to Global Action Networks, a classified directory of the international bodies
described in the Yearbook of International Organizations.
The fourth group of papers is concerned with Information Mapping,
namely techniques for representing items of information on a "map"
in such a way as to bring out significance from the network of relationships.
The first paper was prepared at the request of the Commonwealth Science Council.
The last one reflects a continuing concern with the use of computers to plot
out such maps. This is being further explored as a way of presenting the information
in the new edition of the Yearbook of World Problems and Human Potential (1985).
A special concern is with generation of an atlas of "maps" of sections
of the network of over 3,000 problems embedded in a network of over 12,000 relationships
of different types.
The fifth group of papers considers a variety of topics associated with Complexity
and Comprehension. The first considers complexity as a constraint on
social innovation. The second draws attention to a conceptual de-patterning
device. The third paper considers ways in which comprehension might be considered
to evolve in the future and what that could imply for ordering comprehension
at the present time. The fourth explores ways of designing more meaningful "maps"
of social action through coding its complexity onto processes whose integration
is essentially more comprehensible. The final paper compares the current document
handling system to the kind of information which would enhance ability to work
creatively with available concepts.
Annexes: The first annex is the report of a GPID meeting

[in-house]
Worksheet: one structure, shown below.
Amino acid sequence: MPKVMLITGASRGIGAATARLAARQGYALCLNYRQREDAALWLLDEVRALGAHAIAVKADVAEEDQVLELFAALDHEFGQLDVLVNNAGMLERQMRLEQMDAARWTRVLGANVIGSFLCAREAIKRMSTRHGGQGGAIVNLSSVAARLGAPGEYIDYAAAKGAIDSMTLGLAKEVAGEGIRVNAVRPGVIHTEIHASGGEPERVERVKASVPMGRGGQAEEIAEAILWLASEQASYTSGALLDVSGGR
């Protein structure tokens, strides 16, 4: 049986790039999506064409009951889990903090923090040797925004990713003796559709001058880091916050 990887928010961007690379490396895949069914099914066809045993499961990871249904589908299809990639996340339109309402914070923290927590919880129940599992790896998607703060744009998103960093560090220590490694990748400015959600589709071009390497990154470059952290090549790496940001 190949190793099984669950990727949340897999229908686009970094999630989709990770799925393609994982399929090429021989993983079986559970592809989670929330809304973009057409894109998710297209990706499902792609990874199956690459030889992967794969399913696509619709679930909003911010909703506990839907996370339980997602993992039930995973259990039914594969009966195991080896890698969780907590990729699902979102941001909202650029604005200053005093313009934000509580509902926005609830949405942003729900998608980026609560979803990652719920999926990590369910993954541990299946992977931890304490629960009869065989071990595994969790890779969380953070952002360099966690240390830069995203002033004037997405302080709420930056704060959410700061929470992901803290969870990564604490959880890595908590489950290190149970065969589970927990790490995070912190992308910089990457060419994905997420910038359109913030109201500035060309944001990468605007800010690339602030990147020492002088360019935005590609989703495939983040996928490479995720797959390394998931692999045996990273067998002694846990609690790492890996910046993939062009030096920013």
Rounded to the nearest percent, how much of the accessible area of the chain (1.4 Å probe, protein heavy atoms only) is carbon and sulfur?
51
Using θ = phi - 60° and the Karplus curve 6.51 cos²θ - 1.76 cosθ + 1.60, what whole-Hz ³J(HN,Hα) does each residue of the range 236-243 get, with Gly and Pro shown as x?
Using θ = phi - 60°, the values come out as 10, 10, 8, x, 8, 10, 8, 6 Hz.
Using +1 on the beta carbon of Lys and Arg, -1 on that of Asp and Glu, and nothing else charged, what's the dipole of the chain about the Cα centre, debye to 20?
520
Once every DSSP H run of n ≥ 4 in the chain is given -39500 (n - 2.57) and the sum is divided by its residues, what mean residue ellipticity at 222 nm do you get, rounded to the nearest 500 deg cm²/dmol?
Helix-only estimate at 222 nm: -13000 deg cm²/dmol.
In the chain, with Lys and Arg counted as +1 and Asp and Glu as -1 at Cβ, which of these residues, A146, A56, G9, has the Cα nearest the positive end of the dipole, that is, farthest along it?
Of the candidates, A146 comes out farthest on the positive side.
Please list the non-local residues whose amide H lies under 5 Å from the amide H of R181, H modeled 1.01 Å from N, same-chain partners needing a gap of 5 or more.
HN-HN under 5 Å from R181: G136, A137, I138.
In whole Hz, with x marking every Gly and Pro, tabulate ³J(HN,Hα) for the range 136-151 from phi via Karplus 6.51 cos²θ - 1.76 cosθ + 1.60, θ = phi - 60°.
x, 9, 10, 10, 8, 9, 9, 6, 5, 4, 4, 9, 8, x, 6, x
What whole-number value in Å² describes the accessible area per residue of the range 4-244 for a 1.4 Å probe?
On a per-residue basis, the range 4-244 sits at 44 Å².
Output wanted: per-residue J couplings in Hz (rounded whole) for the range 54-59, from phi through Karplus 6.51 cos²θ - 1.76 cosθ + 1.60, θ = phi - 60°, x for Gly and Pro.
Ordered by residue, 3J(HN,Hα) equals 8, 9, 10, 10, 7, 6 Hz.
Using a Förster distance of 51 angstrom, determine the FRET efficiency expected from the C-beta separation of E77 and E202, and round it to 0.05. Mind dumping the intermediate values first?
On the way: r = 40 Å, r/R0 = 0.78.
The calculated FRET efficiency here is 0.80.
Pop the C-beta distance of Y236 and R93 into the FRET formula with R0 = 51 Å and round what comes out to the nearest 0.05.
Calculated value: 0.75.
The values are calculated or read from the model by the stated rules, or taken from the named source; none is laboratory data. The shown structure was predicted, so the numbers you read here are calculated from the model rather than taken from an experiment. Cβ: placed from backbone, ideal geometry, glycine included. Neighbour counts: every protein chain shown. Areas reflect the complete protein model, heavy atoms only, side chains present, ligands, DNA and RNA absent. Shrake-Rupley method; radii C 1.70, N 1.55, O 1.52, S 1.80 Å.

on Forms of Presentation. An overview of the forms of communication is presented
diagrammatically in the second. The third annex identifies 14 anti-developmental
biases which handicap current efforts to design classification systems. The
fourth explores the possibility of designing a non-verbal structural language
as a catalyst for social innovation. The fifth annex stresses the value of computer-aided
visualization (in contrast with more conventional approaches) as a means of
comprehending complex structures and processes, whether organizations or problems.
The sixth annex discusses the problems of representing and communicating complex
patterns of needs.
Aspects of the question of forms of presentation and the future of comprehension
are explored in separate volumes: Patterns
of Conceptual Integration (notably the significance of music as a model
for some subtle forms of comprehension) and From
Networking to Tensegrity Organization (which contains papers to which
reference is made in Annex 6). Many of the papers have been reprinted from the
journal Transnational Associations.
Many approaches to forms of presentation focus on audio-visual and dramatic
techniques. Without denying the merits of these, the approach explored in this
paper is primarily concerned with finding ways of maintaining the integrity
of sets of concepts when they are presented through more readily comprehensible
forms. Attractive forms are not sufficient (however enthusiastic the audience
is about them as forms) if they fail to maintain the conceptual integrity which
is the fruit of the intellectual endeavour. The concerns of the two volumes
above are therefore closely linked with this theme. In fact, together with the
volume on Transformative
Conferencing, these may even be considered as specialized supplements
to this volume.